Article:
The Cleanest Line

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    Fishing Waders Trigger Deep Thoughts About Gear Manufacturing

    Copy (2) of logo_RW_creelhawaiicls Our friends over at Recycled Waders have been hard at work finding new uses for some of Patagonia's most hard-to-recycle items. Fishing waders are complex pieces of gear - neoprene feet, water-proof fabrics treated with water-repellent finishes, stretchy shoulder straps, metal snaps and zippers, each of these items adds a layer of complexity to a process we developed originally to recycle simple base-layer garments. Patagonia's front man for all things pertaining the the environmental impact of our raw materials is Todd Copeland. He's been steering our Common Threads program for a while, and was stoked to share this story with us. It comes via Patrick Jenkins, founder of Recycled Waders, a small family operation that's busy building a successful business on three important pillars: Recycled Materials, Repurposed Products, and Responsible Consumers.  


    Original Action Who would have guessed an errant back cast lodging a 1-0 lead-eye bunny leech in a scraggly black spruce tree on the high bankside of a river mouth full of Alaskan king salmon would have been responsible for the development of a small business? But as luck would have it I scampered  up the bank to retrieve my fly from the black spruce, stepped up on a downed tree to reach my fly, lost my footing and a branch on the tree gauged an enormous hole in my first pair of breathable waders. Hmmmm…..

    [Recycled Waders provides a flat-out better alternative for retired waders: up-cycling them to new hand-sewn gear full of life and character. Photos: Patrick Jenkins, Recycled Waders]

    Continue reading "Fishing Waders Trigger Deep Thoughts About Gear Manufacturing" »

    Closing the Loop - A Report on Patagonia's Common Threads Garment Recycling Program

    Common_threads_1 In Fall 2005, when we launched our new line of recyclable Capilene® Performance Base Layer garments, we also announced a five-year goal to make all Patagonia products recyclable through our new Common Threads Garment Recycling Program. This program invites customers to return used-up clothing and delivers the retired garments to a fiber manufacturer that uses those items to make new products. As we near 2010, the five-year window for our goal has shrunk to one and a half years. Will we meet the goal? This report discusses the progress we've made - and steps we have yet to take.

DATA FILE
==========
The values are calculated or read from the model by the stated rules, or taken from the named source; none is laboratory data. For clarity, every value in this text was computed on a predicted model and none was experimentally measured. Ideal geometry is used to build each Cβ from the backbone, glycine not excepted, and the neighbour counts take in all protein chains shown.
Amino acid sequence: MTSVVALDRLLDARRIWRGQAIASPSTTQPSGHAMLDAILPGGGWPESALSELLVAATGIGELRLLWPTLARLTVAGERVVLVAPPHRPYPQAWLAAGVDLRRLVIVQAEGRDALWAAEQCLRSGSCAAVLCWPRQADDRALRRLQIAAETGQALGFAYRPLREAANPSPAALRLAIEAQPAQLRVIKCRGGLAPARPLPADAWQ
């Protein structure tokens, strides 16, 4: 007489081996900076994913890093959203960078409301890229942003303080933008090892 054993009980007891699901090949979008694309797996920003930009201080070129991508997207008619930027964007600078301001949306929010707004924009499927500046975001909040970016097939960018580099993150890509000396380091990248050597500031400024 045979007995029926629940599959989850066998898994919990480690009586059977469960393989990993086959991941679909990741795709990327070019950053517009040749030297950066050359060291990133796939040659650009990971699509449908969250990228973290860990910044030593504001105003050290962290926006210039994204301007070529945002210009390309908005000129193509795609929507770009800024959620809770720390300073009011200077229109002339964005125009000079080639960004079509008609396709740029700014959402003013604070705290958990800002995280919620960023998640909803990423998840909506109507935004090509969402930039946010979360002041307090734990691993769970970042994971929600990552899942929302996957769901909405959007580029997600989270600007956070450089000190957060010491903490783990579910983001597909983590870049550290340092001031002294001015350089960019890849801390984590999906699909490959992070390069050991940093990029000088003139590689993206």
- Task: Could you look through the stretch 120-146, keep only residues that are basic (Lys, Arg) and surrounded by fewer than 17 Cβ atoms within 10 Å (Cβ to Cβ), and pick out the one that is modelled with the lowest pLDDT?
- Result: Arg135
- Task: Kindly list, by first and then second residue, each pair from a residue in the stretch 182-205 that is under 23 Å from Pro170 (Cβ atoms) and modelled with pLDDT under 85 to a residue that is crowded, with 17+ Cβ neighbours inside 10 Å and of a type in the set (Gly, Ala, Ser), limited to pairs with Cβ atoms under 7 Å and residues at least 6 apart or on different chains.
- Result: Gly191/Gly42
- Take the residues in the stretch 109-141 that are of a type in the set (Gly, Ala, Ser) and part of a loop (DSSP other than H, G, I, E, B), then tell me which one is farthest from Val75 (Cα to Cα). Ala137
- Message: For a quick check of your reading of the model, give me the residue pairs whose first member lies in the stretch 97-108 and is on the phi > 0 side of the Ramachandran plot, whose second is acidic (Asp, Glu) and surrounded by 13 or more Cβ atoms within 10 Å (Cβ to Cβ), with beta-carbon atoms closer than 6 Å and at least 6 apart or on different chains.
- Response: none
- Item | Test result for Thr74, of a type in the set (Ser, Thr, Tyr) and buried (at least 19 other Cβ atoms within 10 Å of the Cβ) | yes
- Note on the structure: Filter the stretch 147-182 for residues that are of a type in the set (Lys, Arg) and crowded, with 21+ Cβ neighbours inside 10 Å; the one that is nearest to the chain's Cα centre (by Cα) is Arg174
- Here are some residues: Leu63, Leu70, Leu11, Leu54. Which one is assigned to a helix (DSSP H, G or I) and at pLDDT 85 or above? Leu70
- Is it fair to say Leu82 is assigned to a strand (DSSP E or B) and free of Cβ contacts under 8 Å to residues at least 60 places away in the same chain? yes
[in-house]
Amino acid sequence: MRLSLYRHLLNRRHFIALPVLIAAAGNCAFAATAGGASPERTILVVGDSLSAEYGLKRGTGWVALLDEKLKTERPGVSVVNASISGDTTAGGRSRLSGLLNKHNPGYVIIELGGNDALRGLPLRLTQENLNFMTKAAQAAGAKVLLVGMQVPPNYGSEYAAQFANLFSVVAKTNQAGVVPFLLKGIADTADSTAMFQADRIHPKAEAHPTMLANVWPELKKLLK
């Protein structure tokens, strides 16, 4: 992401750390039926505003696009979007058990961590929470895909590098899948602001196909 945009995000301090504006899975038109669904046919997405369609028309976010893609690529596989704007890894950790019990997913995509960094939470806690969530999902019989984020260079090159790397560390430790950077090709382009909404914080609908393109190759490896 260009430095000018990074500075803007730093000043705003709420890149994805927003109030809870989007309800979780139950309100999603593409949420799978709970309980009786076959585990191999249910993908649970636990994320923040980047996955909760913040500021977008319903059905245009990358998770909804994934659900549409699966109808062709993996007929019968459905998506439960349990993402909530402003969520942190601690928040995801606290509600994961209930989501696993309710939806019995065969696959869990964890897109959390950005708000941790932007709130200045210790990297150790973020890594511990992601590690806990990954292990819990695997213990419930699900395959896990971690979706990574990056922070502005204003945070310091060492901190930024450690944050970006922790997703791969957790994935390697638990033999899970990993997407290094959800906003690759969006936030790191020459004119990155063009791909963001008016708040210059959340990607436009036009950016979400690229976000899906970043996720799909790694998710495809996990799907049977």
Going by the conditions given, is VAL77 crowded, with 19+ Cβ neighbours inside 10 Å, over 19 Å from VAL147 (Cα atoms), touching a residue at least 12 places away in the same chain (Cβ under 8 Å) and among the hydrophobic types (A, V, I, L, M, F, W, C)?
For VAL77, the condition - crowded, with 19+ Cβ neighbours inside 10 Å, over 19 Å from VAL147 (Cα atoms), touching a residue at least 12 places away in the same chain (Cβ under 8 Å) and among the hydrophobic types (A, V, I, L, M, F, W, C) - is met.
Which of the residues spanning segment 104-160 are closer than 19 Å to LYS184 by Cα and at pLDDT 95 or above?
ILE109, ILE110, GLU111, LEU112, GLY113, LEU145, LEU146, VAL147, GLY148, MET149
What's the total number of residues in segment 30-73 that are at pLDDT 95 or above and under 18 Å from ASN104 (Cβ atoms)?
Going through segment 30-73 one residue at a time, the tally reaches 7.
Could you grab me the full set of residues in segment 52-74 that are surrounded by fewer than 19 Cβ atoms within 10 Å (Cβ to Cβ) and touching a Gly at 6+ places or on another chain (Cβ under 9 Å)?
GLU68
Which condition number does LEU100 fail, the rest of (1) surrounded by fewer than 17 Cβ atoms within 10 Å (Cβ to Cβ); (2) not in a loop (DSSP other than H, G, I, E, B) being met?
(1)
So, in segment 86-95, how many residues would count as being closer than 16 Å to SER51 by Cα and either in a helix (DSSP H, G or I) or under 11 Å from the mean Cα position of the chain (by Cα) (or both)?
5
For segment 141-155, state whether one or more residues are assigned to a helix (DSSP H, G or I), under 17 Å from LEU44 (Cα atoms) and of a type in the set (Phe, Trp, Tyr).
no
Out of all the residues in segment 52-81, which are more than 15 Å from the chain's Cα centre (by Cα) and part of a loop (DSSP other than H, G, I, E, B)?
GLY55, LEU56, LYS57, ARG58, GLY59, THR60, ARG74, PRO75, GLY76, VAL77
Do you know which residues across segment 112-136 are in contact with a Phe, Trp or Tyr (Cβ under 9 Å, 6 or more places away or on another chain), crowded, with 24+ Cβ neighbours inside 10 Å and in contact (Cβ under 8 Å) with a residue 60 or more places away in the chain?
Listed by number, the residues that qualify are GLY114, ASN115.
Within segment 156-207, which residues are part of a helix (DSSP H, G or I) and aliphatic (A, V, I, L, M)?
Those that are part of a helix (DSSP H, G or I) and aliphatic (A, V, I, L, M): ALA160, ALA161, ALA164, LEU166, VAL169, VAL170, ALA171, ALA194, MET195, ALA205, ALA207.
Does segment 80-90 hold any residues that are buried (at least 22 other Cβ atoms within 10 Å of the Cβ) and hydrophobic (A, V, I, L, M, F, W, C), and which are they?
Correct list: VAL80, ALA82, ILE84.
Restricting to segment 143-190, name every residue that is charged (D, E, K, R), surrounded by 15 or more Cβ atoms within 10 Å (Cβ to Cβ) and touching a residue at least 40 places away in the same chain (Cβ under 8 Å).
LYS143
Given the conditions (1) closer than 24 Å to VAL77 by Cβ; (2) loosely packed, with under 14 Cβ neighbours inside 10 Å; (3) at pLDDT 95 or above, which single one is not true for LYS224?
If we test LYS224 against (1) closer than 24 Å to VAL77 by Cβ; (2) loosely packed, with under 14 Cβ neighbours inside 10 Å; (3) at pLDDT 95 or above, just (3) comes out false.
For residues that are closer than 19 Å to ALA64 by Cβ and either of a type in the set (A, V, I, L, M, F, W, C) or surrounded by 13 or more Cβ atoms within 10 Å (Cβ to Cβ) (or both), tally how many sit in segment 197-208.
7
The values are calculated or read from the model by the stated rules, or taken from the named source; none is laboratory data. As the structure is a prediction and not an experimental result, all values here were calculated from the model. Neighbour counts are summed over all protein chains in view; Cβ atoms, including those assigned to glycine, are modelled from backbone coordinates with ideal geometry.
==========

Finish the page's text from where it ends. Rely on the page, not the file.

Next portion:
Closed-Loop Recycling in Context

    It is important to remember that Common Threads is a key - but single - component of Patagonia's efforts to reduce our environmental footprint. In addition to garment recycling, we choose — where possible — raw materials (aka "e-Fibers”) that cause less environmental harm than do their conventional or non-recycled counterparts. We became a bluesign® brand member to encourage our fabric suppliers to reduce their resource consumption and better manage toxic chemicals. Through our Web mini-site, The Footprint Chronicles, we track, measure and report the environmental impacts of the many products we make. We build everything to high quality standards, with the idea that the best products simply last longer and require less-frequent replacement. We design clothing that retains its appeal for many years, not in-and-out fashion trends that end up abandoned in a closet. Also, we encourage consumers to wear out our products - or give them to someone who can. Even our retail stores will sometimes repatriate clothing donated to the Common Threads Recycling Program to local nonprofits, if the stuff still has wear and life in it. If, after a lifetime of use, a garment can be reused or handed-down no more, we provide Common Threads as a final destination, so that worn, used, and abused products can be recycled and made into new garments.      

    Continue reading "Closing the Loop - A Report on Patagonia's Common Threads Garment Recycling Program" »

    Recycle Your Old Climbing Ropes

    Climbing_rope1 In the spirit of our Common Threads Garment Recycling program, Sterling Rope Company is launching a climbing rope recycling program in partnership with Rock/Creek Outfitters,, and the Triple Crown Bouldering Series. Old ropes will be sent to a recycling facility where they'll be melted into nylon pellets and remade into common household items.

    Read "Sterling Rope Recycling Program" on for all the details.

    Thumbs-up to everyone involved with this new program.

    [With thanks to Steve House, RB and George. Photo: Free]

    Podclimber & Timmy O'Neill Part Two

    Lgjapfood In part two of Podclimber's behind-the-scenes with Timmy O'Neill and the making of the Common Threads Garment Recycling video things get a little more uncommon. Timmy and Morning Glory Farr visit a Buddhist temple, interview Nagai from the Patagonia Shibuya store and have a run-in with the bidet in their hotel room. Patagonia is not responsible for the splash damage from this episode.

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    [Photo courtesy of TimmyO']

    Weekend Entertainment: Podclimber Goes Behind the Scenes with Agent Timmy

    Lgjapkaraoke The audio/video wizards over at Podclimber are featuring a series of podcasts with Patagonia ambassador Timmy O'Neill and the crew who made our Common Threads Garment Recycling video. Host LarryB goes behind the scenes during the making of the video to give us a listen at what exactly went down in Tokyo, Japan. Big thanks to Podclimber for putting these together. We'll feature all three episodes throughout the coming week, starting with episode one right here. Have a great weekend everybody and thanks for visiting The Cleanest Line.

    The Story Behind the Undies Video - Episode 1

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